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The Sothic cycle is a period of 1461 ancient Egyptian years, the time that it takes for their 365-day year to lose enough time that the start of the year would once again coincide with the heliacal rising of the star Sirius, called Sothis in Greek. A single year between heliacal risings of Sothis is a Sothic year. This rising occurred within a month or so of the beginning of the Nile flood, a matter of primary importance to this agricultural society. It is believed that Ancient Egyptians followed both a 365-day solar civil calendar and a lunar religious calendar.
This cycle is based on the assumption that the ancient Egyptian year was not only 365 days long, but did not have any intercalary days added to keep it in alignment with the Sothic year. The Sothic year is a kind of sidereal year. Normally, a sidereal year is considered to be 365.25636 days long, but that only applies to stars on the ecliptic, or the apparent path of the Sun. Because Sirius is not on the ecliptic, the wobbling of the celestial equator and hence of the horizon at the latitude of Egypt causes the Sothic year to be slightly smaller. Indeed, it is almost exactly 365.25 days long, the average number of days in a Julian year. Thus 1461 Egyptian years equal 1460 Julian years.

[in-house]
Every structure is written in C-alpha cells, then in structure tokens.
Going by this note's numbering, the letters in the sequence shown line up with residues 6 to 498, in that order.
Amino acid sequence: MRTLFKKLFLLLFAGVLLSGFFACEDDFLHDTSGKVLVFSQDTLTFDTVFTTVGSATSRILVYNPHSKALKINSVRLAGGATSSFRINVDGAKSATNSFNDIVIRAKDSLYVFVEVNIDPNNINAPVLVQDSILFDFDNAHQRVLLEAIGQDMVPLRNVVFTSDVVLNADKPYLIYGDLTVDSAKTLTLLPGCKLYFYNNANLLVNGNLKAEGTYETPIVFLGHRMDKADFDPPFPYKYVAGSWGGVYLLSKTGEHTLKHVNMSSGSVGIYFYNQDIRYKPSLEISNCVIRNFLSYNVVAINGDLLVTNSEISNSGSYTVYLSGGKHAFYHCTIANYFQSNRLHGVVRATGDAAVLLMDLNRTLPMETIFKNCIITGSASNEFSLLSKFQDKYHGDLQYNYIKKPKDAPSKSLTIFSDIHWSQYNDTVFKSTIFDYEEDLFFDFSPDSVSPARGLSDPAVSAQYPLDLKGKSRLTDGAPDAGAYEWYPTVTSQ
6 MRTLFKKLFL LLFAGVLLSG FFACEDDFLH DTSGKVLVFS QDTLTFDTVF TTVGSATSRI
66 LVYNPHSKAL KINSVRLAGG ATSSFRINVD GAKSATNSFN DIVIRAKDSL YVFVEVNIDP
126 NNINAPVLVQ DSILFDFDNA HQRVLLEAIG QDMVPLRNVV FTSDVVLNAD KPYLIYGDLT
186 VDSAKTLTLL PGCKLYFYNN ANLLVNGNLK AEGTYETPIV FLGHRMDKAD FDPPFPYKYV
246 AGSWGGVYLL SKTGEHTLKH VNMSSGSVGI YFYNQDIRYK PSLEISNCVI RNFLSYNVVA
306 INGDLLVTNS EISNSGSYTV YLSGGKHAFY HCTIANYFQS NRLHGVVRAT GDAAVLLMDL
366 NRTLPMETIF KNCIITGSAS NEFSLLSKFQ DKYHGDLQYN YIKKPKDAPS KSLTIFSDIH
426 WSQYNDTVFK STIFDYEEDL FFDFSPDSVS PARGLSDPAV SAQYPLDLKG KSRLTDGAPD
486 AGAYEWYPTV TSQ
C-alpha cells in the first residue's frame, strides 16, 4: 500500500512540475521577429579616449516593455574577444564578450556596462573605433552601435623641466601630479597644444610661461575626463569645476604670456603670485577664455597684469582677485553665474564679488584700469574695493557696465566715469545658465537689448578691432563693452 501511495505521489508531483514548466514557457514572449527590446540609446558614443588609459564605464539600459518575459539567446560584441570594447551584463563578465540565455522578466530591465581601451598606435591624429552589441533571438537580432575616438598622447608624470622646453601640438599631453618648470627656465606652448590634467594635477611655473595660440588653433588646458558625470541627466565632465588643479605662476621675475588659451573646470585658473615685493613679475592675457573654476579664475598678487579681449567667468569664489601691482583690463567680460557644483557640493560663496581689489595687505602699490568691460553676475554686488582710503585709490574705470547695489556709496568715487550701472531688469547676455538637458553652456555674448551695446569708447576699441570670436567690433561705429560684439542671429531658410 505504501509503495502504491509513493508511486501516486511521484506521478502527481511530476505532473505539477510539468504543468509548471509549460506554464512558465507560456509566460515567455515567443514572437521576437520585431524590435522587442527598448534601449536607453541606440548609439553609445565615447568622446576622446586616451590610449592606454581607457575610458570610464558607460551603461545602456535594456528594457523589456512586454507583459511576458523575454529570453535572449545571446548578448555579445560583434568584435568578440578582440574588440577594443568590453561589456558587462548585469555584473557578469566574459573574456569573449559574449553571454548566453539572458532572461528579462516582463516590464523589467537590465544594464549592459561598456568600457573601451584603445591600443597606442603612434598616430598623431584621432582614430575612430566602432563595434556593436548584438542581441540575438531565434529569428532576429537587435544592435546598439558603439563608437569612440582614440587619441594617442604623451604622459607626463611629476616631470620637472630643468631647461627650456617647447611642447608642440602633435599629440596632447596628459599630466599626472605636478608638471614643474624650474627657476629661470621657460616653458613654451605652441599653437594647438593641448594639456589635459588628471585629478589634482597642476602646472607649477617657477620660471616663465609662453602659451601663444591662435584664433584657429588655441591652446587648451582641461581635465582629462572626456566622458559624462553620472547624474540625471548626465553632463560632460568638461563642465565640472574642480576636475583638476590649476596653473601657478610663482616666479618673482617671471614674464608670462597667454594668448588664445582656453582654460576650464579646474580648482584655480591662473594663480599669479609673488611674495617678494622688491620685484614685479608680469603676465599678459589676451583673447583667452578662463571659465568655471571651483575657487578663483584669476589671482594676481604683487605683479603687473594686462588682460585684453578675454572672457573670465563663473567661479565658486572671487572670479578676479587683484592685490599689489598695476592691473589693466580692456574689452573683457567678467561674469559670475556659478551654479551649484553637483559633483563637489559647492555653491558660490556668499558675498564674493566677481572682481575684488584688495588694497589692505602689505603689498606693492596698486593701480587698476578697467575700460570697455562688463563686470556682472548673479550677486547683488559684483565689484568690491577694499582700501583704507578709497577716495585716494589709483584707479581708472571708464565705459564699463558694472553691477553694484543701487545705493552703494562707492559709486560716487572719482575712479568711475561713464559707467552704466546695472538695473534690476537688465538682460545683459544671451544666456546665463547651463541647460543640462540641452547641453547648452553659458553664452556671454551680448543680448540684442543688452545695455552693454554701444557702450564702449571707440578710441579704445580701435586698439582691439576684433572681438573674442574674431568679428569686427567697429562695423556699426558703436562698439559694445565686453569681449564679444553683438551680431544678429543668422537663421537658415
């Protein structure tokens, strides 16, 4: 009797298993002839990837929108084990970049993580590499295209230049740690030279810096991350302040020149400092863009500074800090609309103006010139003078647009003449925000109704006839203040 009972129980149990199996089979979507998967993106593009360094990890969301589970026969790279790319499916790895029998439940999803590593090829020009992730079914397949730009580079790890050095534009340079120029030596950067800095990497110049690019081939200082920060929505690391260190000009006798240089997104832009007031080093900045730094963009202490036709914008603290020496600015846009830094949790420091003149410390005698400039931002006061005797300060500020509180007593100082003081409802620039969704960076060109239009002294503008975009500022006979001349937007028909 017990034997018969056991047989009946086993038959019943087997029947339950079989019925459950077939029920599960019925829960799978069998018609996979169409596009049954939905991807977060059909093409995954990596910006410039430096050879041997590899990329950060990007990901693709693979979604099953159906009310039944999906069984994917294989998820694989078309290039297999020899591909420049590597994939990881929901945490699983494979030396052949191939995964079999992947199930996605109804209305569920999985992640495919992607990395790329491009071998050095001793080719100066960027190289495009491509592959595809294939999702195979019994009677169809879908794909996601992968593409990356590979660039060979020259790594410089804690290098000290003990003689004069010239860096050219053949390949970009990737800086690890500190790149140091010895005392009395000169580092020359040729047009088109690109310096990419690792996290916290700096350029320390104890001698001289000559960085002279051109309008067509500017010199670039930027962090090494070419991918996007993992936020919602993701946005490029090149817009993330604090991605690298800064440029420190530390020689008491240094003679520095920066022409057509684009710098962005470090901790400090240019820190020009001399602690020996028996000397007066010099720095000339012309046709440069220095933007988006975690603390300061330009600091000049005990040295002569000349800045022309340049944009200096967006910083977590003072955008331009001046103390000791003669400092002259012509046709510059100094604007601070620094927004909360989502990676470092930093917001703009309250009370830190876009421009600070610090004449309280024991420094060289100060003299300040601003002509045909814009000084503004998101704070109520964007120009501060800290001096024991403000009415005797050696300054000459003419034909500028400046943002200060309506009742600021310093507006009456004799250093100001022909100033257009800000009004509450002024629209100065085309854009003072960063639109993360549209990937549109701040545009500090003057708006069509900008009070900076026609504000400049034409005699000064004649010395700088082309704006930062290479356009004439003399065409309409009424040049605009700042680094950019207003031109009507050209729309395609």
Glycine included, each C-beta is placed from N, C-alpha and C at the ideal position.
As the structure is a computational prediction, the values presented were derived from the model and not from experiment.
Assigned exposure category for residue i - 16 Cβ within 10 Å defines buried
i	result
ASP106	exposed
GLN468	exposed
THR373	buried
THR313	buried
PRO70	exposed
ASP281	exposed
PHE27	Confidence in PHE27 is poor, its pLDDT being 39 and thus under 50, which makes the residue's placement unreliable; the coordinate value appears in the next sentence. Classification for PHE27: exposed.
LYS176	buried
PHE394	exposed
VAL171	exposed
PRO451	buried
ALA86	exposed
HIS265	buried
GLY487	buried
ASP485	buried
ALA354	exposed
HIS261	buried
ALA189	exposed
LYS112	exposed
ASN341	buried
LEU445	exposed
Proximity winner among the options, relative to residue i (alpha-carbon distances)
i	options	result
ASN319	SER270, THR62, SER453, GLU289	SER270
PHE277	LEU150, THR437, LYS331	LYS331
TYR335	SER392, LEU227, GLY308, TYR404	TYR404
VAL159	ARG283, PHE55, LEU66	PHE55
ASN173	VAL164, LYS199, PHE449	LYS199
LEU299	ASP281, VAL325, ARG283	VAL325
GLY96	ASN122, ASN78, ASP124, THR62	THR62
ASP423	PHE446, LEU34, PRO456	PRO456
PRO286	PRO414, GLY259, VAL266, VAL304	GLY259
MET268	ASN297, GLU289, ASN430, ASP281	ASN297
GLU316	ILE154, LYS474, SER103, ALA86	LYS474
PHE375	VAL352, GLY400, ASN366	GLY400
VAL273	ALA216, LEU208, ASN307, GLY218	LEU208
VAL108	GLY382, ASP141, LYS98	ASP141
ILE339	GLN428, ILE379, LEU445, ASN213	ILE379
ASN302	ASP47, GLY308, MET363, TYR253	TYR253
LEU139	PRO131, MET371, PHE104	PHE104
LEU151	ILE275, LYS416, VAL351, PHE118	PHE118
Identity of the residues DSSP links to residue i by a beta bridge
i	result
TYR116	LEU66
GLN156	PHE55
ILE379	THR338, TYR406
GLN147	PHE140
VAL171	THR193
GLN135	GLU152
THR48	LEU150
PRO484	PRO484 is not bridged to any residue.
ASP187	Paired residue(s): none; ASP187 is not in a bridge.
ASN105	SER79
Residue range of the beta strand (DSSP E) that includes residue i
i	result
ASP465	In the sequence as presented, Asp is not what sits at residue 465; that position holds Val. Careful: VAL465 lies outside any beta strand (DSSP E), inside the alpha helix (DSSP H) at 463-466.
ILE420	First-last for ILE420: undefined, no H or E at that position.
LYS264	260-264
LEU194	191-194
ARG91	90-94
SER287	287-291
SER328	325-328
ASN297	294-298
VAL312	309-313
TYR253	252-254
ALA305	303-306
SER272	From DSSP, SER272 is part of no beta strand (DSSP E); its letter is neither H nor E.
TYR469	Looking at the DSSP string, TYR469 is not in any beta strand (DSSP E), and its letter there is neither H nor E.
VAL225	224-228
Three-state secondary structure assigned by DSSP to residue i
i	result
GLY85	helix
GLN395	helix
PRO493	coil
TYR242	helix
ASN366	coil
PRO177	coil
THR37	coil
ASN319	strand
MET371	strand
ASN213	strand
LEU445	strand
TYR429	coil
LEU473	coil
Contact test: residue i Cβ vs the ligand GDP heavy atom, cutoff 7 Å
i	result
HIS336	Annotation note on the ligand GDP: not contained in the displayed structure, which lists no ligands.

This cycle was first noticed by Eduard Meyer in 1904, who then carefully combed the known Egyptian inscriptions and written materials to find any mention of the calendar date when Sirius rose. He found six of them, on which the dates of much of the conventional chronology are based, one of which is believed to date to the 7th year of Senusret III . Meyer concluded that the Egyptian civil calendar was created in 4121 BC, a date that appears in a number of old books. But research and discoveries have since shown that the first dynasty of Egypt did not begin before c.3100 BC, and the claim that 4121 BC is the "earliest fixed date" has been discredited.
A number of criticisms have been levelled against the reliablity of dating by the Sothic cycle. Some are serious enough to warrant consideration (e.g., was the civil year unchanged through the thousands of years of Egyptian history?), while others are not (e.g., there is no certain mention of the Sothic Cycle in contemporary Egyptian writing).
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